Rachel Alexandra has colon surgery

Rachel Alexandra remains in serious but stable condition following surgery related to complications from the birth of her filly.

Doctors at Rood and Riddle Equine Clinic said Thursday that it’s ”too early” to determine the prognosis for the 2009 Horse of the Year, adding that they’re monitoring her response to treatment.

Attending surgeon Brett Woodie says that Rachel Alexandra is ”doing about as well as can be expected” at this stage of recovery.

After delivering a 140-pound filly by Bernardini Tuesday morning, she developed problems resulting in surgery Wednesday to repair an area in her small colon that was injured during foaling. A blood loss in the affected section resulted in an infection.

Rachel Alexandra is receiving IVs of antibiotics, nutrition and anti-inflammatory drugs.

”She looks brighter today. It’s a day-to-day, hour-to-hour type of thing,” owner Barbara Banke said of Rachel Alexandra’s condition.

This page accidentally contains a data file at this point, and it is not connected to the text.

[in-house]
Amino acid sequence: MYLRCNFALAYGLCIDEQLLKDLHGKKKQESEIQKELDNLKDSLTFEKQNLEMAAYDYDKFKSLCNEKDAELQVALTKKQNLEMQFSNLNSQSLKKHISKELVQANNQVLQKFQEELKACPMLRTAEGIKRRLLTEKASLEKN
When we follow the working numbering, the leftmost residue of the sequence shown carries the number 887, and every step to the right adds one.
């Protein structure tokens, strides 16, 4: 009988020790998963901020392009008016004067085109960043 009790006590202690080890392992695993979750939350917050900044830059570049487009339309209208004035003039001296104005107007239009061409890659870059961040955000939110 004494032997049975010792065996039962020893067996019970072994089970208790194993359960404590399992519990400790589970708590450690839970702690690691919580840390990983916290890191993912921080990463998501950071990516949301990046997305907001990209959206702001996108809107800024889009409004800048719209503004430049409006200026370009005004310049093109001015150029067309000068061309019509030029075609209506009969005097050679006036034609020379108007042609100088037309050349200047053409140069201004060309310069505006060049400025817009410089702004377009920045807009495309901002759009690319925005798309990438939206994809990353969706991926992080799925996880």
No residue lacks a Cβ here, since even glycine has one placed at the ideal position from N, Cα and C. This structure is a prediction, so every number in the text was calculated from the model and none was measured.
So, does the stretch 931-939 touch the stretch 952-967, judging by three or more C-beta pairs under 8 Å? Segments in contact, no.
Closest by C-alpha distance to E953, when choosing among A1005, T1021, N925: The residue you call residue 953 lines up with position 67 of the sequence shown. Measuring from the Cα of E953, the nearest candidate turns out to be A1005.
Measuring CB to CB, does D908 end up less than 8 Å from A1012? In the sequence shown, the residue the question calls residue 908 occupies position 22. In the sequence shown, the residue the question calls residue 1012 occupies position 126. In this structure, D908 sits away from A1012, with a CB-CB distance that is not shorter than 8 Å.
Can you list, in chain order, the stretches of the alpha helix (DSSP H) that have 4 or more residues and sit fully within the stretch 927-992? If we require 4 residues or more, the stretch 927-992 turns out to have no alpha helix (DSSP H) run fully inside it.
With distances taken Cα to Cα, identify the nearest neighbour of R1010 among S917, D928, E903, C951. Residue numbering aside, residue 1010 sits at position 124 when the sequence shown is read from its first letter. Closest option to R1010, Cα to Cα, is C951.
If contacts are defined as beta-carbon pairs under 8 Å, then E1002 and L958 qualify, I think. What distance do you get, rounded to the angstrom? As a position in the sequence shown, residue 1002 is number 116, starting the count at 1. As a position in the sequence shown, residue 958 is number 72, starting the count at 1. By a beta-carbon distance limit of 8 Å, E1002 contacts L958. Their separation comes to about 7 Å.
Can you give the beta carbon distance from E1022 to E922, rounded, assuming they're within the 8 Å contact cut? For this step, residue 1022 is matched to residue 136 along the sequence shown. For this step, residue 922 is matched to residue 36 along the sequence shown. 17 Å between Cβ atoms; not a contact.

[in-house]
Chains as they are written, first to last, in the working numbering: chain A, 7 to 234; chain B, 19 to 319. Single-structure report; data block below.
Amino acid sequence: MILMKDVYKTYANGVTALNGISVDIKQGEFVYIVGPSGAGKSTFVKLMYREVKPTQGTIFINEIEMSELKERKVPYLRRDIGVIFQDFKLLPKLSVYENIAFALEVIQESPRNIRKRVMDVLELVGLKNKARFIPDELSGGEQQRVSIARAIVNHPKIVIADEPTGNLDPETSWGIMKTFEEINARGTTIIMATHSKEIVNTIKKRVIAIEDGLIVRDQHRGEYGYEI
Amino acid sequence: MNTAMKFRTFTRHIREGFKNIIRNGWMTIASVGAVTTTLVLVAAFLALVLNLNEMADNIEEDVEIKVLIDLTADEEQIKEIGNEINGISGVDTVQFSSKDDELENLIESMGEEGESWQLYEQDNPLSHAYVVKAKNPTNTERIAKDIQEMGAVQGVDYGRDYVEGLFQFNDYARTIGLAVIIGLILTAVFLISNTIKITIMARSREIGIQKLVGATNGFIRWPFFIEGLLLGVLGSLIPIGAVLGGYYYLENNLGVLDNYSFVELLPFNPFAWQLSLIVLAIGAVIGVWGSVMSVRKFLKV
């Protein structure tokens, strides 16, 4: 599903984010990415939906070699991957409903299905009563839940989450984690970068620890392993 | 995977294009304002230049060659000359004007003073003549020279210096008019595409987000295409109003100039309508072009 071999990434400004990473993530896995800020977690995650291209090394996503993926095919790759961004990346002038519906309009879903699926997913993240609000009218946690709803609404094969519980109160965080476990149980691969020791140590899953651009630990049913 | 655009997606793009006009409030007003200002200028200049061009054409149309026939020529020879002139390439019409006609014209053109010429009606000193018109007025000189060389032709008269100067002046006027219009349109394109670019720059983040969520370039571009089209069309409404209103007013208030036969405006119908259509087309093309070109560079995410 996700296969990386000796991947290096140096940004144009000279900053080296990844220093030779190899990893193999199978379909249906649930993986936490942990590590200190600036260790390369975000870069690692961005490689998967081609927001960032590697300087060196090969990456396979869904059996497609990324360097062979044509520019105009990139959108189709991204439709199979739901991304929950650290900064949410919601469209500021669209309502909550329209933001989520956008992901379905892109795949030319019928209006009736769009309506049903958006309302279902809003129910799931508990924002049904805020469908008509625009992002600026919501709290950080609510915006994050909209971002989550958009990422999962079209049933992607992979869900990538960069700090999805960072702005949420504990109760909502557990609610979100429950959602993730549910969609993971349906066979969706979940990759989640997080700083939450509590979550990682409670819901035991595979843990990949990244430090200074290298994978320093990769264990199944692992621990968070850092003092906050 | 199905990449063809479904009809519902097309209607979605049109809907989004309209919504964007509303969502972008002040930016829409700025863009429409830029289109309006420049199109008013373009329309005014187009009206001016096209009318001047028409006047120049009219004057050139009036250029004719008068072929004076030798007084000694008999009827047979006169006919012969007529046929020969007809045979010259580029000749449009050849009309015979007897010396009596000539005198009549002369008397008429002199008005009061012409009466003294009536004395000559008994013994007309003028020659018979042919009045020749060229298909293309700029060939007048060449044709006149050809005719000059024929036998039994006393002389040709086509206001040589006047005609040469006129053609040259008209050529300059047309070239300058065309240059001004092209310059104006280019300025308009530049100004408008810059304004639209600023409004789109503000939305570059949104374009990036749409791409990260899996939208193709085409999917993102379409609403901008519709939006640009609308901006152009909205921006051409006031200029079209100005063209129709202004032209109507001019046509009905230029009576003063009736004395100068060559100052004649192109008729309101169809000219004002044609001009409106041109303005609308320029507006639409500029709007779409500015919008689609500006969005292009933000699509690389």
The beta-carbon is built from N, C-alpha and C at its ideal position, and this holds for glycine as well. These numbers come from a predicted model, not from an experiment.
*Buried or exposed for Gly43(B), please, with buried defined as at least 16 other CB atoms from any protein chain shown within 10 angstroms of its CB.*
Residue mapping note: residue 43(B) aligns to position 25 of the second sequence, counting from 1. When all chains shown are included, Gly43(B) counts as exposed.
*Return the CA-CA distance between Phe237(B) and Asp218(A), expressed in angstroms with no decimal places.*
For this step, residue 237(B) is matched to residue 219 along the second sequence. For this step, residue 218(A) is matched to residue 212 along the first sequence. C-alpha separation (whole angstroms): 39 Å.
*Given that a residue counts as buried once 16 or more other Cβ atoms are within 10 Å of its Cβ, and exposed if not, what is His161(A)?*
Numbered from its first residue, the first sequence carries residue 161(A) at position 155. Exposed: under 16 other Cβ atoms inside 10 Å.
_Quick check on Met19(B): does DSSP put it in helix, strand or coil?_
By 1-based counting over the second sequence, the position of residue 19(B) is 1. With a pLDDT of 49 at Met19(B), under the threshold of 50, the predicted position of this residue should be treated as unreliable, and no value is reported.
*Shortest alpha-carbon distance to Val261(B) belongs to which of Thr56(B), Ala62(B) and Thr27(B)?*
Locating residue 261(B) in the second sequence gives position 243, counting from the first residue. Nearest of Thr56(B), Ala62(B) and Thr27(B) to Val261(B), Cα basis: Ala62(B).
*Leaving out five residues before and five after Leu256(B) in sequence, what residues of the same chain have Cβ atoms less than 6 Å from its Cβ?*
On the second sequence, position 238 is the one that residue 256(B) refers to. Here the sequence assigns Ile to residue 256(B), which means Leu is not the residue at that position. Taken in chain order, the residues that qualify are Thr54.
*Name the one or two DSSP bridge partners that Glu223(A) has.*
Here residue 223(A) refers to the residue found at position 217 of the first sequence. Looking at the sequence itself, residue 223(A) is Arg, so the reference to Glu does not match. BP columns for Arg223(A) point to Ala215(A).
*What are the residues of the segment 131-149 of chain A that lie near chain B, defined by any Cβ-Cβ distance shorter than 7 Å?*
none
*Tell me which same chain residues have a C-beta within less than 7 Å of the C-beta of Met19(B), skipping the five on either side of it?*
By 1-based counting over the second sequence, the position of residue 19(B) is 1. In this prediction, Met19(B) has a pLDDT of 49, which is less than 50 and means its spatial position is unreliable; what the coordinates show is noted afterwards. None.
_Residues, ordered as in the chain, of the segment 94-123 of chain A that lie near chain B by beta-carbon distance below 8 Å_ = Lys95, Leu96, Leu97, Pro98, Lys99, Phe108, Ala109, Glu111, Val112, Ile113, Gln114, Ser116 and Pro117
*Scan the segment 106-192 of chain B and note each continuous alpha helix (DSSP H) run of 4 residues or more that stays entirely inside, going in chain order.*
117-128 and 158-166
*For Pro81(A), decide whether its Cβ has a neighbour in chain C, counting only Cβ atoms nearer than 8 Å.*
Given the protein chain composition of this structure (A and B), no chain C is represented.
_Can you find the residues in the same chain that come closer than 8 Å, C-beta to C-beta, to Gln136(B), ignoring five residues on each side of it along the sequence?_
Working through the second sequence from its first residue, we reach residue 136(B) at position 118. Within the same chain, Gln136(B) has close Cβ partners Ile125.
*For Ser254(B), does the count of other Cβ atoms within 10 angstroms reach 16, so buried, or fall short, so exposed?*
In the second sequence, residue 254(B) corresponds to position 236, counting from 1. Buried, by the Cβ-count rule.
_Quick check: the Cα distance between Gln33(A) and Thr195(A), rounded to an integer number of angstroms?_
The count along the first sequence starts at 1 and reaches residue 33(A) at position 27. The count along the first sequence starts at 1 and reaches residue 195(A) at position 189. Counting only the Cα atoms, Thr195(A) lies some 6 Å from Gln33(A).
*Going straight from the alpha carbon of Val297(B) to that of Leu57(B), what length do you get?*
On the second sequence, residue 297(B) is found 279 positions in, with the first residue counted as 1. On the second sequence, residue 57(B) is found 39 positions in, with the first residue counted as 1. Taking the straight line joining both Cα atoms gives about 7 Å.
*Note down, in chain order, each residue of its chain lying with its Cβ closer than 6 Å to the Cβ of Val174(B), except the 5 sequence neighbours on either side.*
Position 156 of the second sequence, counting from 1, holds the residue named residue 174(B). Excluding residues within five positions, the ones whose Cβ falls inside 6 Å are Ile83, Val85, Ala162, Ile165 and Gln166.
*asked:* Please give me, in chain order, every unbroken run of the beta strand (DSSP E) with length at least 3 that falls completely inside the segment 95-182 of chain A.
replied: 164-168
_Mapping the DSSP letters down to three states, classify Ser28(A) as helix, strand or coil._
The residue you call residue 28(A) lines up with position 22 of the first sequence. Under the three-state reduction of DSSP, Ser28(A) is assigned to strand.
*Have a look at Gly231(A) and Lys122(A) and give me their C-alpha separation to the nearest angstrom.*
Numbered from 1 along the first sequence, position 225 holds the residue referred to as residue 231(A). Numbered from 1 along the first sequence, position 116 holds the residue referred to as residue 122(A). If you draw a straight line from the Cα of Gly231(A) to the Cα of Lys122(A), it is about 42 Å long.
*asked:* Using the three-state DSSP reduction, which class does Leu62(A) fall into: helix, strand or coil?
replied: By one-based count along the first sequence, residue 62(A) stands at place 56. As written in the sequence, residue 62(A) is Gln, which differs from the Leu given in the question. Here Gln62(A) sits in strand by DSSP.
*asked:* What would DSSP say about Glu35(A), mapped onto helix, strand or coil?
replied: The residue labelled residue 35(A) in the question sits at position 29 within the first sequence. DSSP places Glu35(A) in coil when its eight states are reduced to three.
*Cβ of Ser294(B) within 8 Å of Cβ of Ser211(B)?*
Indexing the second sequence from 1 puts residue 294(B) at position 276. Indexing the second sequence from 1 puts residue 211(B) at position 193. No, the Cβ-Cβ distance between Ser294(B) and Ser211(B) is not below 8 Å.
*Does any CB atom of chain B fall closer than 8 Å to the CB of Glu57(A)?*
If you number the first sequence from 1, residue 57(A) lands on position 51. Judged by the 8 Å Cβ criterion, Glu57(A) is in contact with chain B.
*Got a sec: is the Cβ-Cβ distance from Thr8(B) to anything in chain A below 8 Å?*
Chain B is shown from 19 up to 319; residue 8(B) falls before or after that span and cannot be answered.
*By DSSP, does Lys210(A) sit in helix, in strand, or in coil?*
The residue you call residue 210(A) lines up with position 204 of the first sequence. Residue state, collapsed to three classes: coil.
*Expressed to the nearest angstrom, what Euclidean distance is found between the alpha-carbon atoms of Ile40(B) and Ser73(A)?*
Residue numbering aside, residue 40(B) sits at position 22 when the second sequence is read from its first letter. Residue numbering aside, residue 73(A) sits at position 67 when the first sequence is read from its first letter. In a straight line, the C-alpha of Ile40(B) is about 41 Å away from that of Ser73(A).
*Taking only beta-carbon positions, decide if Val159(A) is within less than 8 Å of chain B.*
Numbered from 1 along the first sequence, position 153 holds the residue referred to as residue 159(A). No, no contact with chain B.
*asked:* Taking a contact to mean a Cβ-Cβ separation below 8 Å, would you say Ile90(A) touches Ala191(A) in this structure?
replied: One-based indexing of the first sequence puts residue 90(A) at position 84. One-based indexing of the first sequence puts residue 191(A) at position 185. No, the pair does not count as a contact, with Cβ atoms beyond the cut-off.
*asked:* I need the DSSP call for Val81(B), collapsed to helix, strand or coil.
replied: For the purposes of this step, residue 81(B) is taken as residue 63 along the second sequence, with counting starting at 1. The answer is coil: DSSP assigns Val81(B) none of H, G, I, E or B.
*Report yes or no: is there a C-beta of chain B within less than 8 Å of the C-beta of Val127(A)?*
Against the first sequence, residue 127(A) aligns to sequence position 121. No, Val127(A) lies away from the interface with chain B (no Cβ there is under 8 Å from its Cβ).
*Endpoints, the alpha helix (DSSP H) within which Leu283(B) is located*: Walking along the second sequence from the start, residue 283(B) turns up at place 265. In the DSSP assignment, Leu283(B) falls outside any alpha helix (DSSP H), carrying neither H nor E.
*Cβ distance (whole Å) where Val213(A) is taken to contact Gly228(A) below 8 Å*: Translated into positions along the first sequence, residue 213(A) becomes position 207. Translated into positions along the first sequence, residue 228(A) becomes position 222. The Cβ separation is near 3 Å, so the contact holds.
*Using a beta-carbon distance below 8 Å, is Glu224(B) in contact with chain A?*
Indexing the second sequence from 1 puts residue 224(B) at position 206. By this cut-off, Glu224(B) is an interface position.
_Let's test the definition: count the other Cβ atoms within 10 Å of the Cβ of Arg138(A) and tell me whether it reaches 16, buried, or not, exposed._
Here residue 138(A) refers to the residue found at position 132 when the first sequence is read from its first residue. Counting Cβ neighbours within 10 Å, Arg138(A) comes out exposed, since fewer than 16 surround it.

Banke said the healthy filly was running around Stonestreet Farm and being tended by a nurse mare. Woodie wasn’t sure if the horse’s rather large size caused Rachel Alexandra’s problems, noting that some large foals are born without complications while smaller foals can create issues.

Rachel Alexandra gave birth to a colt by two-time Horse of the Year Curlin in January 2012, but Woodie didn’t think that foaling had anything to do with Tuesday’s issues.

Stonestreet Farm brood mare farm manager Garry Megibben described Tuesday’s birth as ”tough” and that it was difficult getting the foal through Rachel Alexandra’s birth canal. Megibben, Banke and a veterinarian monitored Rachel Alexandra’s condition and took the horse to the Rood and Riddle Equine Clinic after noticing a change in her behavior.

A lengthy surgery followed, but Woodie said that her recovery from the anesthesia was uncomplicated. She was back at the barn and standing on Thursday.

Infection remains a concern for Rachel Alexandra, who is also receiving lavages that flush and drain her abdomen. Another veterinarian at Rood and Riddle, Bonnie Barr, said that doctors are trying to anticipate possible complications for her and treating them.

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